UK workers continue to benefit from record pay growth, which has now reached parity with inflation. ‘Real wages’ have been in decline for over a year and there is a long way back for wages to regain their pre cost of living crisis position.
In June 2023, average weekly pay (excluding bonuses) was up 7.8% year-on-year, according to the latest release from ONS. This is the highest rate of growth since comparable records began in 2001. Average pay reflects wage changes across the entire economy. This is expected to differ by industry sector and job role.
Total pay growth (including bonuses) was further strengthened to 8.2% by a one-off bonus paid to NHS staff in June.
Record pay growth over recent months, coupled with falling inflation has meant that wage growth now matches price rises across the economy. ‘Real wages’ are no longer falling across the economy following over a year of decline.
Pay growth for private sector workers continues to strengthen, up 8.2%, the largest growth rate seen outside of the pandemic period. Public sector pay continues to rise, up 6.2% year-on-year, this is the highest growth rate in public sector wages since 2001.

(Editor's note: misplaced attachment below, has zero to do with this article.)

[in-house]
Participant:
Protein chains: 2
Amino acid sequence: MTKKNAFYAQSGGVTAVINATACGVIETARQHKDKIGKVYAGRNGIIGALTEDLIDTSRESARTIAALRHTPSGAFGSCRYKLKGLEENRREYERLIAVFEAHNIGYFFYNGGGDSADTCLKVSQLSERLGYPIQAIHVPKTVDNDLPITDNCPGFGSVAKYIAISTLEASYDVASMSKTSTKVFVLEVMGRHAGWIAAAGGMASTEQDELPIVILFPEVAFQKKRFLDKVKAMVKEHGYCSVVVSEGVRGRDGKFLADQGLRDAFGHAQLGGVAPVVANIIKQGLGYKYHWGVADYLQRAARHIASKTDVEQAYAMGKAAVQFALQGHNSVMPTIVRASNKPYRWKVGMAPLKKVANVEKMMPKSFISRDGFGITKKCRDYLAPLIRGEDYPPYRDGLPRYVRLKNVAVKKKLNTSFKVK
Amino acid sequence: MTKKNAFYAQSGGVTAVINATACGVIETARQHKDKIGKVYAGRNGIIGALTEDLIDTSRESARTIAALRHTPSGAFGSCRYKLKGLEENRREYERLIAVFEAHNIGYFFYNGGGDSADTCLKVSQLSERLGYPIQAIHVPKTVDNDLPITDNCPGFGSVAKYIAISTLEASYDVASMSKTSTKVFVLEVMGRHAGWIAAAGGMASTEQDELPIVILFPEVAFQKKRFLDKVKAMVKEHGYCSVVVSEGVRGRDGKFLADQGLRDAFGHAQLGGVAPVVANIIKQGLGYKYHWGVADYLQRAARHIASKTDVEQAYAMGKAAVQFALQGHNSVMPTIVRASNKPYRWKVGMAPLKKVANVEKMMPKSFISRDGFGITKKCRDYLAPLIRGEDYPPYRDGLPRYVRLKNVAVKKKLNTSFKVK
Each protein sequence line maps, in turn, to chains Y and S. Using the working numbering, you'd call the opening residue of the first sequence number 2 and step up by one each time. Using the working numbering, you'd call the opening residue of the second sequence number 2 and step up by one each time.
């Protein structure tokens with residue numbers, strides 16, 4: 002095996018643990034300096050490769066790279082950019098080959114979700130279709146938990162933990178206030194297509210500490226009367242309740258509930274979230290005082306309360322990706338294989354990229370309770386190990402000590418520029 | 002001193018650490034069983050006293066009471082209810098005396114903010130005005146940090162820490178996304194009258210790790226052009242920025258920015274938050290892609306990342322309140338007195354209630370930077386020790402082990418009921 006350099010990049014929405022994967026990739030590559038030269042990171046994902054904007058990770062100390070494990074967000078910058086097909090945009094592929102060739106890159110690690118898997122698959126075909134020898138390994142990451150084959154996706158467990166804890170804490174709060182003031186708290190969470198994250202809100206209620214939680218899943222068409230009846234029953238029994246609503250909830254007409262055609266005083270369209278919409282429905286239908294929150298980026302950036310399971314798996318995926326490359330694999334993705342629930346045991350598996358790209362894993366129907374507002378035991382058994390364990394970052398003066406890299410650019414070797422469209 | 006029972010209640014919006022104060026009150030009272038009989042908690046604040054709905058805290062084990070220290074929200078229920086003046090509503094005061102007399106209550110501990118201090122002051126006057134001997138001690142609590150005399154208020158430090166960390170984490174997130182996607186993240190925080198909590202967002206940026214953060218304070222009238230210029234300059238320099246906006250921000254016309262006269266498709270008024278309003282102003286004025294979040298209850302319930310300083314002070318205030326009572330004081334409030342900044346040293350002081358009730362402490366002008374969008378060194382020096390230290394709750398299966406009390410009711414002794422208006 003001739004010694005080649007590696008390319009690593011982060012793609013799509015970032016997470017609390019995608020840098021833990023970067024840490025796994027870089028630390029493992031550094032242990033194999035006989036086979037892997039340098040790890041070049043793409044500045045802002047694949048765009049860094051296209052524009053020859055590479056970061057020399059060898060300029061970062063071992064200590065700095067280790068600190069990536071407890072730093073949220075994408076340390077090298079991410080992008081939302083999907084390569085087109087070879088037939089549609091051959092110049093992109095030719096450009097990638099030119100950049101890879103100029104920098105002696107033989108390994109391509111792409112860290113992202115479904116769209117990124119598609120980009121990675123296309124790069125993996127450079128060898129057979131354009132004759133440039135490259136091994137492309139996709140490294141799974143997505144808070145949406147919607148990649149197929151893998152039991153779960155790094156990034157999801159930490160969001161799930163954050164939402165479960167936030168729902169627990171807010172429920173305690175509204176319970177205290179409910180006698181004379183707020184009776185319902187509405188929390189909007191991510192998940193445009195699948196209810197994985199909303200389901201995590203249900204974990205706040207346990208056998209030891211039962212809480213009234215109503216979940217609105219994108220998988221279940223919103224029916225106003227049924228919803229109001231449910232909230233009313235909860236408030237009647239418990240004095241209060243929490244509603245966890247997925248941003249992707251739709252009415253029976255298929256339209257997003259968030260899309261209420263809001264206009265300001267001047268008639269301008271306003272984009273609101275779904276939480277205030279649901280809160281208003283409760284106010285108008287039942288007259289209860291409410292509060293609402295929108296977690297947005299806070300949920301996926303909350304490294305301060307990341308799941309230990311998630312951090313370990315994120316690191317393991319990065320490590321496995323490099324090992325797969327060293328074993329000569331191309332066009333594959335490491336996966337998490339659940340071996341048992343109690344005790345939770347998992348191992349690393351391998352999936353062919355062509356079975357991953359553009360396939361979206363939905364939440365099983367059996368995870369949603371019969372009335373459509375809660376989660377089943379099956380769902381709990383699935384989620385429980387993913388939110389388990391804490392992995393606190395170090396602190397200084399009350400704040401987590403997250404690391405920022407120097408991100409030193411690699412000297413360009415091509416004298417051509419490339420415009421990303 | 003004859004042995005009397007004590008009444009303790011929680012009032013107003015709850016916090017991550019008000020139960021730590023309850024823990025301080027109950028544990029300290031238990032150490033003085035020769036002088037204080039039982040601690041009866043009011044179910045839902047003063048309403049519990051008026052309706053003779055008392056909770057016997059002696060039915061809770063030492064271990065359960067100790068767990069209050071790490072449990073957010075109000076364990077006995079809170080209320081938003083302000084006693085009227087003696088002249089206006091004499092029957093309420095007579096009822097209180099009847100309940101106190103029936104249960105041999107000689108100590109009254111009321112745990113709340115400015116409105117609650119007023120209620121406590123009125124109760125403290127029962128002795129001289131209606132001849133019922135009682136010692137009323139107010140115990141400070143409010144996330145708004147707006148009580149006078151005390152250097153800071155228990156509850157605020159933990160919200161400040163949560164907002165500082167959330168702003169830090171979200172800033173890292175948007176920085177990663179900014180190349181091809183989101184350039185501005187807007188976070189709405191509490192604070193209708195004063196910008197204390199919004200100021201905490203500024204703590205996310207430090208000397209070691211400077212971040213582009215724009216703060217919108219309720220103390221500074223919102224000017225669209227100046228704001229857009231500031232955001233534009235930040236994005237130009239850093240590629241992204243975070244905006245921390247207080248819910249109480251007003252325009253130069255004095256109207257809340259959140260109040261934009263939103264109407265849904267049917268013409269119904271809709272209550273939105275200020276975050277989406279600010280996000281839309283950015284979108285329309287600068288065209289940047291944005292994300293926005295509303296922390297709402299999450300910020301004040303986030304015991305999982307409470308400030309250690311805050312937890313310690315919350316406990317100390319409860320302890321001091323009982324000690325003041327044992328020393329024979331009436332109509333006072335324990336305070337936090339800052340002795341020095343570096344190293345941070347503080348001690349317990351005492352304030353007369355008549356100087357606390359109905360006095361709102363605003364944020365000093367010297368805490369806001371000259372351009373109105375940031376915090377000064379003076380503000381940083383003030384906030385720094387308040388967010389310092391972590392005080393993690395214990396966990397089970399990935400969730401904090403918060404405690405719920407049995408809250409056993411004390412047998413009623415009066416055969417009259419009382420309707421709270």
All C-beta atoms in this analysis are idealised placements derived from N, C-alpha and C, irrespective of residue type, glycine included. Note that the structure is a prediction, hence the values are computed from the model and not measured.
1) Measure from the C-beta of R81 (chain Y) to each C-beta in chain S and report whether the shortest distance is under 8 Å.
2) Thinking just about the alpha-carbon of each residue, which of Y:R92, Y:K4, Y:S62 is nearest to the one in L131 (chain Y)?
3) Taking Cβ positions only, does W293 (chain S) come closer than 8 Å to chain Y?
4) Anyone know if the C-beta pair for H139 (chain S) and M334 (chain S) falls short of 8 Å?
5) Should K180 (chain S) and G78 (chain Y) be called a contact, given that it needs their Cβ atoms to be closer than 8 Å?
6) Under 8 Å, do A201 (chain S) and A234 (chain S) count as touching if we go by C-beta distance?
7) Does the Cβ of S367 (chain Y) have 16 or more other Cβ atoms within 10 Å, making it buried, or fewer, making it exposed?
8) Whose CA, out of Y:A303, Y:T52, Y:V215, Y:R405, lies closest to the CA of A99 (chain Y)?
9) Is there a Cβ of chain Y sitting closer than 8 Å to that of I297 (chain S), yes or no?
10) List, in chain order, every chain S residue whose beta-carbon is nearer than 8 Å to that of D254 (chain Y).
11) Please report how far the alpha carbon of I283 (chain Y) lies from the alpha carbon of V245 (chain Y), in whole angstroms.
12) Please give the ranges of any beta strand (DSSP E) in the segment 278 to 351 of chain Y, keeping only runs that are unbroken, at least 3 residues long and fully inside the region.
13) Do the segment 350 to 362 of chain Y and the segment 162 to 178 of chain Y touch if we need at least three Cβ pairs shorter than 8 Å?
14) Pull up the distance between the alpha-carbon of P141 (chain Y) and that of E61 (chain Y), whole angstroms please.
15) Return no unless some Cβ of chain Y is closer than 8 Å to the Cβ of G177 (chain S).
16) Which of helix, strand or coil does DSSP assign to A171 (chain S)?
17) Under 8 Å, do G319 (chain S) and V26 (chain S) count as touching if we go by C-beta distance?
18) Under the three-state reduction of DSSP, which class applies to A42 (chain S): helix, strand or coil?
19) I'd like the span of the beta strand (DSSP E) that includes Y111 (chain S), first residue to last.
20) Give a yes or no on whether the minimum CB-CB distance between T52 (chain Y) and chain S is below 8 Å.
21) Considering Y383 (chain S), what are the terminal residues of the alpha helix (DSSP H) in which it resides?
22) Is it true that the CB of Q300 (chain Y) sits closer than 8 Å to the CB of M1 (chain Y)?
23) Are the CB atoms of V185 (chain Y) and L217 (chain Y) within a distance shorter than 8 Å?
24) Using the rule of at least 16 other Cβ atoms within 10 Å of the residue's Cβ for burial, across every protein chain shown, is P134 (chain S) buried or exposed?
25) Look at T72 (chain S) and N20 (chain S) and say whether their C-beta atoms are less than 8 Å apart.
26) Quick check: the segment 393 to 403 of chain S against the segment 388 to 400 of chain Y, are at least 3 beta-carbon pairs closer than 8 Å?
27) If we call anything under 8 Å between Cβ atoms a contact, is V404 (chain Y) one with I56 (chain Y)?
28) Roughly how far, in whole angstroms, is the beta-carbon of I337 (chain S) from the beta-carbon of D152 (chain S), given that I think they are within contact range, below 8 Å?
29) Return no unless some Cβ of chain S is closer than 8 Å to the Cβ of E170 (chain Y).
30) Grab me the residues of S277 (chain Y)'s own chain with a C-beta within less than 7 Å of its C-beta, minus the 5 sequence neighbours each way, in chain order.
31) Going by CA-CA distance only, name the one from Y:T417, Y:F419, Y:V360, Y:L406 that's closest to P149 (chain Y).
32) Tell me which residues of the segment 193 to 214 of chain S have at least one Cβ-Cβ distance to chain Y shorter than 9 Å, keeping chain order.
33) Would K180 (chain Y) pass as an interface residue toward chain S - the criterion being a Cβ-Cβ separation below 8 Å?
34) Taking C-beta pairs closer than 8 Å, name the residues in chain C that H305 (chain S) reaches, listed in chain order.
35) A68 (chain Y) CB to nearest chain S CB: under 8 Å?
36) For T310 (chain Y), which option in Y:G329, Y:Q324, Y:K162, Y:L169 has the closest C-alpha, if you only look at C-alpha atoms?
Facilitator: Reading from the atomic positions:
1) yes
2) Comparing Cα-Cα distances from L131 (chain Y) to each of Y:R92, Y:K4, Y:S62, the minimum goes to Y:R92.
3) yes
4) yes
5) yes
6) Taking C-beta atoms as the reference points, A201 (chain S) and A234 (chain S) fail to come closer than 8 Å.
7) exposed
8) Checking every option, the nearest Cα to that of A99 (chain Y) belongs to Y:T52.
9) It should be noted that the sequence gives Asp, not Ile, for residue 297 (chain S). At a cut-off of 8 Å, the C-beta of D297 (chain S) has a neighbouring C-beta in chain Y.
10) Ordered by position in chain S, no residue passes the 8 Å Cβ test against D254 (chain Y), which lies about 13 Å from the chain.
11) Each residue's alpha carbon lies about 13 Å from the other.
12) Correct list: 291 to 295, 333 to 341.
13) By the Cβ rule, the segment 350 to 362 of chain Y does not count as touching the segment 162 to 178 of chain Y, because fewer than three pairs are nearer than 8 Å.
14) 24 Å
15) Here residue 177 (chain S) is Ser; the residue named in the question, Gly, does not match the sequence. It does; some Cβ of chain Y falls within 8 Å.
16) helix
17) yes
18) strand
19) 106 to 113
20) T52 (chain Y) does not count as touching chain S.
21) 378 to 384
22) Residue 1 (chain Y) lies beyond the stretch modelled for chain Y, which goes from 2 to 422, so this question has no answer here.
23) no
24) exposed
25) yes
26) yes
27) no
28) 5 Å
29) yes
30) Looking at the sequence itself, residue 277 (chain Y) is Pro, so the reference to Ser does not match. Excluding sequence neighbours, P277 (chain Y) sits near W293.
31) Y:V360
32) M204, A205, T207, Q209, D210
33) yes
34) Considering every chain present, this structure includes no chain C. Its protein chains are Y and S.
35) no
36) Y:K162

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For over a year, real pay for UK workers has been in decline, as inflation ran ahead of pay. This has led to significant losses in real incomes for many households.
Over recent months, as inflation has weakened, pay growth has strengthened, in part due to continued tightness in the labour market.
This has allowed workers’ pay growth to move back in line with inflation, ‘real’ wages are no longer in decline.
However, after over a year of ‘real’ pay falling, it will take a significant amount of time for workers' incomes to recover back to their positions before the cost-of-living crisis.
Looking ahead, Bank of England data suggests that anticipated pay growth may be weakening a little. Businesses expect pay to rise by 5.3% next year, less than the current pay growth being experienced, but ahead of inflation expectations for next year.
Given the weak economic environment, businesses may be challenged to continue to raise pay as quickly as expected.
Labour shortages will be covered as part of our forthcoming Viewpoint Special report - Rebuilding resilience in the UK food supply chain. This will be available to download here from 7 September.
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